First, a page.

5. The combination spring according to
6. A method of making a combination spring comprised two different rate springs comprising: separately assembling each spring between a set of flange members to form two spring assemblies;
interconnecting said flange members in each spring assembly to be restrained from separating but allowed to be moved together to compress said associated spring; and
connecting one flange in each separate spring assembly together to create a combination spring comprised of said two different springs arranged end-to-end.
7. The method according to
8. The method according to
9. The method according to
This application is a divisional of and claims priority to application having Ser. No. 10/936,213, and a filing date of Sep. 7, 2004 entitled Long Travel, High Force Combination Spring.
This invention concerns springs and more particularly mechanical compression springs as are used to provide a return force such as in cam operated dies.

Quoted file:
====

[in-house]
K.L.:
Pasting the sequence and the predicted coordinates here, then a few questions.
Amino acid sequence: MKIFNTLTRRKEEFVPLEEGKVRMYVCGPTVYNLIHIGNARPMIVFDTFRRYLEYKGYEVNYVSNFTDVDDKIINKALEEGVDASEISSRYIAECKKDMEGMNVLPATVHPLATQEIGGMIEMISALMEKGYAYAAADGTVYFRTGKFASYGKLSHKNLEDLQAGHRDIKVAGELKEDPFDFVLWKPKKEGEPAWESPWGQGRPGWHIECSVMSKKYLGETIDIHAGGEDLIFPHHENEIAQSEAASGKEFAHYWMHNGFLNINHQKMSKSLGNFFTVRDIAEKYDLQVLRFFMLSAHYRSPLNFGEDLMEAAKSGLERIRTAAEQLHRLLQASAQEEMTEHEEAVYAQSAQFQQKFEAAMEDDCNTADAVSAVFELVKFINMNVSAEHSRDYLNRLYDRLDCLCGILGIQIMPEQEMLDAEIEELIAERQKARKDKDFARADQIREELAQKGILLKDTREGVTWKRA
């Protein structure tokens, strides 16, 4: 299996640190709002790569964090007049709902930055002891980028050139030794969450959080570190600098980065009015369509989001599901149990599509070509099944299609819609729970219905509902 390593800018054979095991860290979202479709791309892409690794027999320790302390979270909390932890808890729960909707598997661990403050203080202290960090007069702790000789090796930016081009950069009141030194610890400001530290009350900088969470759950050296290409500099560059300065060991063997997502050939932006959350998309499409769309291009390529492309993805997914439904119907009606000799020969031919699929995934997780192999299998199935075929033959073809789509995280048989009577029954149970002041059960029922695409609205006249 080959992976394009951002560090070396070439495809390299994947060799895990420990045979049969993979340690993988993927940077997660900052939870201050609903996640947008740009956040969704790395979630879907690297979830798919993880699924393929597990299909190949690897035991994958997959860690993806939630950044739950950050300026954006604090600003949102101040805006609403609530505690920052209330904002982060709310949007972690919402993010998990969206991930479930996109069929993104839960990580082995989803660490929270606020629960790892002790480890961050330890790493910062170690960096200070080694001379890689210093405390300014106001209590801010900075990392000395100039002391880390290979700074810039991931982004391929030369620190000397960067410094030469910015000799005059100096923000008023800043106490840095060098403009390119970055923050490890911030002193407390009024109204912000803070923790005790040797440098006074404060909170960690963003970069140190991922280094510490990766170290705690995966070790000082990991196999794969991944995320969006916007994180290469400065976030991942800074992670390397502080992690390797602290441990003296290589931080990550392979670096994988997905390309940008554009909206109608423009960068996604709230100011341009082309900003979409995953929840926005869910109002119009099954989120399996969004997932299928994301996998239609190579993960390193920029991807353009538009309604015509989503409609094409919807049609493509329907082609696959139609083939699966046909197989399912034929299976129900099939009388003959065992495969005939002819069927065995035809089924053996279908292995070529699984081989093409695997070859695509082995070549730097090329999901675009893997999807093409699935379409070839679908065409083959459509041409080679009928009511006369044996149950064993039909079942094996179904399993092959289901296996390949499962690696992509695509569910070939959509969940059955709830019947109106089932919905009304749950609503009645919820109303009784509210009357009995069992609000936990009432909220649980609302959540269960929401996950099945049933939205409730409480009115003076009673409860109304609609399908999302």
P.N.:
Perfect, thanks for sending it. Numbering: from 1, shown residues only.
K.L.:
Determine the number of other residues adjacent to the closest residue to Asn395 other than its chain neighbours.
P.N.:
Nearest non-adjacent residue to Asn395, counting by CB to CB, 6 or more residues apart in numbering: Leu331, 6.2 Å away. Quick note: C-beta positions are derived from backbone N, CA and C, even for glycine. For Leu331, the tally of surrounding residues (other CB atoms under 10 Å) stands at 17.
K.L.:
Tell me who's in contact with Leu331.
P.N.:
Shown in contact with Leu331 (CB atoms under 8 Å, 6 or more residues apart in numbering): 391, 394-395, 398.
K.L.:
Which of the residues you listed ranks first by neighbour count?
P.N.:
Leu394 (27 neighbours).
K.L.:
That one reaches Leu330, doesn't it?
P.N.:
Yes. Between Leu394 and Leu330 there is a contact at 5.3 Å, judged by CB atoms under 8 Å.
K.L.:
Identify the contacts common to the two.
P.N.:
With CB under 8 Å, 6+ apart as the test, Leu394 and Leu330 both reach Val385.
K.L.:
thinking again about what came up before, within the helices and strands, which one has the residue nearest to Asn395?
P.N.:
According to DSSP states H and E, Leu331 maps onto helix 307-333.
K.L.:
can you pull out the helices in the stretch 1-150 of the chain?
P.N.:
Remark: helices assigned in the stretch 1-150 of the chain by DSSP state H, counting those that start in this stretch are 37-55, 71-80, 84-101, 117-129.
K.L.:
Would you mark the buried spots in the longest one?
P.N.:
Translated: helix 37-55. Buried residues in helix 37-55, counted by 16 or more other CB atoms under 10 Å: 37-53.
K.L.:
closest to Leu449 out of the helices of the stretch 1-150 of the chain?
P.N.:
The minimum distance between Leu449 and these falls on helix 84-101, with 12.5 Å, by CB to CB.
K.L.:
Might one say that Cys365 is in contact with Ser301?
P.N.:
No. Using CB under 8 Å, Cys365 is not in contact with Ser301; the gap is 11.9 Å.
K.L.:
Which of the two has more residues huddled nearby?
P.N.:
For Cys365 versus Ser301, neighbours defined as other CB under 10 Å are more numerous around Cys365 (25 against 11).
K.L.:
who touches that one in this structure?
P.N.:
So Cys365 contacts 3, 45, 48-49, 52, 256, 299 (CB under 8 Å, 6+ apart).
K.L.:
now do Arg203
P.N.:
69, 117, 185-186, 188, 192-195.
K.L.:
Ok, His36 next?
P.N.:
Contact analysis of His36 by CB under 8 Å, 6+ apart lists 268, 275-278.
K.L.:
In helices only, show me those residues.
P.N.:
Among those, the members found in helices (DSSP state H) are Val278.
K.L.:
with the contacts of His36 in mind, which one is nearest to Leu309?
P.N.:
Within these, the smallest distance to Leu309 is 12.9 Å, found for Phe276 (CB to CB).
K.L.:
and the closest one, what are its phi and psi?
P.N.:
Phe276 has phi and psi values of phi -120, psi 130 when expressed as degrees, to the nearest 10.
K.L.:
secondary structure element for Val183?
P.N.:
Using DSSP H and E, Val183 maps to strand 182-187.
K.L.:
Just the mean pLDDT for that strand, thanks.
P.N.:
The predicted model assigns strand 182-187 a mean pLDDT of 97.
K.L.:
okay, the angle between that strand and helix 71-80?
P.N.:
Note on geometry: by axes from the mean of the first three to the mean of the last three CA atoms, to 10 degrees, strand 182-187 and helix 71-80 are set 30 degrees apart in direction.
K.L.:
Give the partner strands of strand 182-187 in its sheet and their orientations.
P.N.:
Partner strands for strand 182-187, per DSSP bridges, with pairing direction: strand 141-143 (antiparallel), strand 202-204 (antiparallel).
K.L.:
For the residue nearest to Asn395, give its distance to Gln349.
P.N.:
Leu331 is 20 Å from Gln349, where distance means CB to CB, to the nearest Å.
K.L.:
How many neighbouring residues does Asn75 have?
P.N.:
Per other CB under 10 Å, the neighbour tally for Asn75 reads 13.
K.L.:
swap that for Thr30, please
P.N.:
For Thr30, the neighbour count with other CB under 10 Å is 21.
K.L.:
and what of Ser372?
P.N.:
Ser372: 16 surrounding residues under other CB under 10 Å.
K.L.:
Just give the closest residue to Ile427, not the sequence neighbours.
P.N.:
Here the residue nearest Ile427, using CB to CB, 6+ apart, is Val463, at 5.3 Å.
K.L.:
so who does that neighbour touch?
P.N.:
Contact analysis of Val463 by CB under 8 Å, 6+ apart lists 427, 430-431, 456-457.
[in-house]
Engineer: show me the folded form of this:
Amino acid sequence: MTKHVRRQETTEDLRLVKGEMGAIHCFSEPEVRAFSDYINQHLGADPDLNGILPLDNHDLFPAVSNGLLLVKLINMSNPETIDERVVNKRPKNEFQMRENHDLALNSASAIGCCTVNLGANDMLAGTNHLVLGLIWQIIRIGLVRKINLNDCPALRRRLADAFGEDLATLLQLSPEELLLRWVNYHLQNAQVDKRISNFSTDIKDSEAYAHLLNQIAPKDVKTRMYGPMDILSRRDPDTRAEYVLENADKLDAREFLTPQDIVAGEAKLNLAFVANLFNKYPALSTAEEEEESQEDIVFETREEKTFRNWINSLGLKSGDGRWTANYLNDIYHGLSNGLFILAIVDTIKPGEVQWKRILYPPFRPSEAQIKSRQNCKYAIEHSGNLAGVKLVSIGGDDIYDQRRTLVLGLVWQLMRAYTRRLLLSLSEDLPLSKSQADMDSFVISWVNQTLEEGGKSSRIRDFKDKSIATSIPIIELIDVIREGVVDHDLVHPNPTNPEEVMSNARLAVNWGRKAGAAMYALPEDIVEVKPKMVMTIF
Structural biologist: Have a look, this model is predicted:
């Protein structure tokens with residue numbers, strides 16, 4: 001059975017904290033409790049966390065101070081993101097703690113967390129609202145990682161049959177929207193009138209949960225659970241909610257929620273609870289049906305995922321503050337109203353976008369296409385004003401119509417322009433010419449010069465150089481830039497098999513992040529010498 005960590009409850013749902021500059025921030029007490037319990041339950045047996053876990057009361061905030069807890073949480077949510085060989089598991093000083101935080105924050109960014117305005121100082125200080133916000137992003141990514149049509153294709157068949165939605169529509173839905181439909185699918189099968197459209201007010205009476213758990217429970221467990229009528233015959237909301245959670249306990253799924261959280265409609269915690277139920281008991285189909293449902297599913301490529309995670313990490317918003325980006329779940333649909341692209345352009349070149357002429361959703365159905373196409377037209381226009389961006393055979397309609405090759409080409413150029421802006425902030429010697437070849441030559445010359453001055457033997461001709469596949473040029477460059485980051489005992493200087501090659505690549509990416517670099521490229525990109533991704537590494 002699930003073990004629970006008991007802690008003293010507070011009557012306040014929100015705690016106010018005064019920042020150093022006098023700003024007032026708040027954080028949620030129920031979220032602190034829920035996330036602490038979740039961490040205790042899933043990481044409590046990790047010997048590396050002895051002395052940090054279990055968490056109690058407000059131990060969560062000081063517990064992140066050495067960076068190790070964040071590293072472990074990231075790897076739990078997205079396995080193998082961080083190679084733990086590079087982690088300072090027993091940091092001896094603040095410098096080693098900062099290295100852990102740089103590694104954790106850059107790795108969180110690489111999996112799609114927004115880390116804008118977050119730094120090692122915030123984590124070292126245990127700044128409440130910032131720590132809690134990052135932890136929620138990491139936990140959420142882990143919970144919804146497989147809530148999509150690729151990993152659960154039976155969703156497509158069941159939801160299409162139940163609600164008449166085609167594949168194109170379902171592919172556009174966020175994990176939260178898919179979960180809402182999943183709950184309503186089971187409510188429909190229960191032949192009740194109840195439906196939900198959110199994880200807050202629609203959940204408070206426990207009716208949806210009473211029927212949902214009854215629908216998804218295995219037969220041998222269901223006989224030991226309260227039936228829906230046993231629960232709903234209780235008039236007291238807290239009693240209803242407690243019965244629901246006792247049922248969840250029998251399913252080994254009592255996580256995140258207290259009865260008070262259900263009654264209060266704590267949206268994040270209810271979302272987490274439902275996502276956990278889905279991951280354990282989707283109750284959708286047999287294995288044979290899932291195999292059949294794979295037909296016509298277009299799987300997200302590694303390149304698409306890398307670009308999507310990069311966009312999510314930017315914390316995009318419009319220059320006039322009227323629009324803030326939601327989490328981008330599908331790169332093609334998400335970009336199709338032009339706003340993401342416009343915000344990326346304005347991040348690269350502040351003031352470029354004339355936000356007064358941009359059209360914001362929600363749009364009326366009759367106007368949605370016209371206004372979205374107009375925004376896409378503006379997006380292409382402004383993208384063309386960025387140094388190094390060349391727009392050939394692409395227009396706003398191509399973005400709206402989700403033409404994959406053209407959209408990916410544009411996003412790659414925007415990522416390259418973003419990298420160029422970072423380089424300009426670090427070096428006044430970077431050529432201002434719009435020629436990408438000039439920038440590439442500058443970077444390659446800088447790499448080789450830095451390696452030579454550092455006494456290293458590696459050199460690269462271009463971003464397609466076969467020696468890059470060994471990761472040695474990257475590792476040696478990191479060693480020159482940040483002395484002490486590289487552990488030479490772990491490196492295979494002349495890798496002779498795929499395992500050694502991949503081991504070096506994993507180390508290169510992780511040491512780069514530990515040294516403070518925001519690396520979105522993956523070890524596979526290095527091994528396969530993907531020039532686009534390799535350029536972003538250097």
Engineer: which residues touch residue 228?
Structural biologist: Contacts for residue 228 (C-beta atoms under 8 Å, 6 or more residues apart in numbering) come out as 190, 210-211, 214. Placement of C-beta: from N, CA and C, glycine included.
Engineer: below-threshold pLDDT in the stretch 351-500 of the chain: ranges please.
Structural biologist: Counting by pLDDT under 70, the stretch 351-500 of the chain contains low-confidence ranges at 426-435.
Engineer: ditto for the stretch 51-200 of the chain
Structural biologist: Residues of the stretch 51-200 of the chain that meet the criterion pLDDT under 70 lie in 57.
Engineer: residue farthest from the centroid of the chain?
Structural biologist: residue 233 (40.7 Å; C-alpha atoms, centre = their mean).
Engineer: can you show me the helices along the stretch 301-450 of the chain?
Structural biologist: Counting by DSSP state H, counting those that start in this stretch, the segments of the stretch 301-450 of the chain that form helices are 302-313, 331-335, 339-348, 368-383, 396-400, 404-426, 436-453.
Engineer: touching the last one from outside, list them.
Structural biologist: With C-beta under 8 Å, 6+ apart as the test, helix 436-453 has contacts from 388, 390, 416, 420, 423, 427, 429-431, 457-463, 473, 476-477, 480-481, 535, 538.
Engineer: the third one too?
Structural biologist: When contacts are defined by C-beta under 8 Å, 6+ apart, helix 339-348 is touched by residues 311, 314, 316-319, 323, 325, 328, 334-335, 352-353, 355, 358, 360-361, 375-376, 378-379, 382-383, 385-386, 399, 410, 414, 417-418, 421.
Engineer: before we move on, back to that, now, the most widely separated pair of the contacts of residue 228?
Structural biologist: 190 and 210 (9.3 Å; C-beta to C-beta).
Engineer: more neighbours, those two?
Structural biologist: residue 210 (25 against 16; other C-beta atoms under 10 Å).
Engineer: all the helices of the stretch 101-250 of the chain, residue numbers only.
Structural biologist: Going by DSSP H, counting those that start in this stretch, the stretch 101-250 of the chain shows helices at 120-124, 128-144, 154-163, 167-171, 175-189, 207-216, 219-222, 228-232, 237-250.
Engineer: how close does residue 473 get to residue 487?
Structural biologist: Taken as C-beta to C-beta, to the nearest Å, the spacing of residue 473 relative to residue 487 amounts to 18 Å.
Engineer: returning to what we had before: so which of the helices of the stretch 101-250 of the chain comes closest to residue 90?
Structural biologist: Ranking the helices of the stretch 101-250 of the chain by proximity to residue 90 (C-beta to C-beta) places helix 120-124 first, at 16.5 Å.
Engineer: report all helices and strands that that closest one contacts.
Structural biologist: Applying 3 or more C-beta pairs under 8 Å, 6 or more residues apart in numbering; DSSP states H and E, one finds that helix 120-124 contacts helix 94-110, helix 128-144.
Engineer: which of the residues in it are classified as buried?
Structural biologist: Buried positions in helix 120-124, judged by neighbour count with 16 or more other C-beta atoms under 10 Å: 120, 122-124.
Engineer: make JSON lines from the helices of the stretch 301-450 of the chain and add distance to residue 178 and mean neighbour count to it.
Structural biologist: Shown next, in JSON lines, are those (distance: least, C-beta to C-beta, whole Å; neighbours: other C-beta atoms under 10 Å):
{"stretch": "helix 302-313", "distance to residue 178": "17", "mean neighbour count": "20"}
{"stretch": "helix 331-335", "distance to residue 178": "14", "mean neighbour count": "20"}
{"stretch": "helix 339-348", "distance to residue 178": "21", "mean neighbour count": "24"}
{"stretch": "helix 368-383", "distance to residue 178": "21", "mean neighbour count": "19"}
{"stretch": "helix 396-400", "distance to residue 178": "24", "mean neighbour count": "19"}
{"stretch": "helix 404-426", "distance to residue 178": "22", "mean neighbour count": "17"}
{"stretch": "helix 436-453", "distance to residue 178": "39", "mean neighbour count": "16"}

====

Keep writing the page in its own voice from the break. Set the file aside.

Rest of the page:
In cam operated tooling installed on dies in forming presses, a slide is operated by the press motion to drive a tool used to form a feature on a part.
One or more return springs are compressed as the tool is advanced by a camming action produced by the slide. When the press platens are moved apart, the compressed spring or springs act to retract the slide.
In metal forming, it sometimes takes considerable force to withdraw a piercing tool from the part, such that a high return spring force is required at the start of the return motion. At the same time, a substantial slide travel is required. Very stiff coil springs have limited available travel for a given space due to the thick cross section required to develop a high spring rate.
This required combination of long travel and high peak forces has led to the development and use of “nitrogen” springs in which compressed nitrogen is sealed in a chamber, and further compressed by a piston having a projecting rod subjected to a load, creating a fluid spring.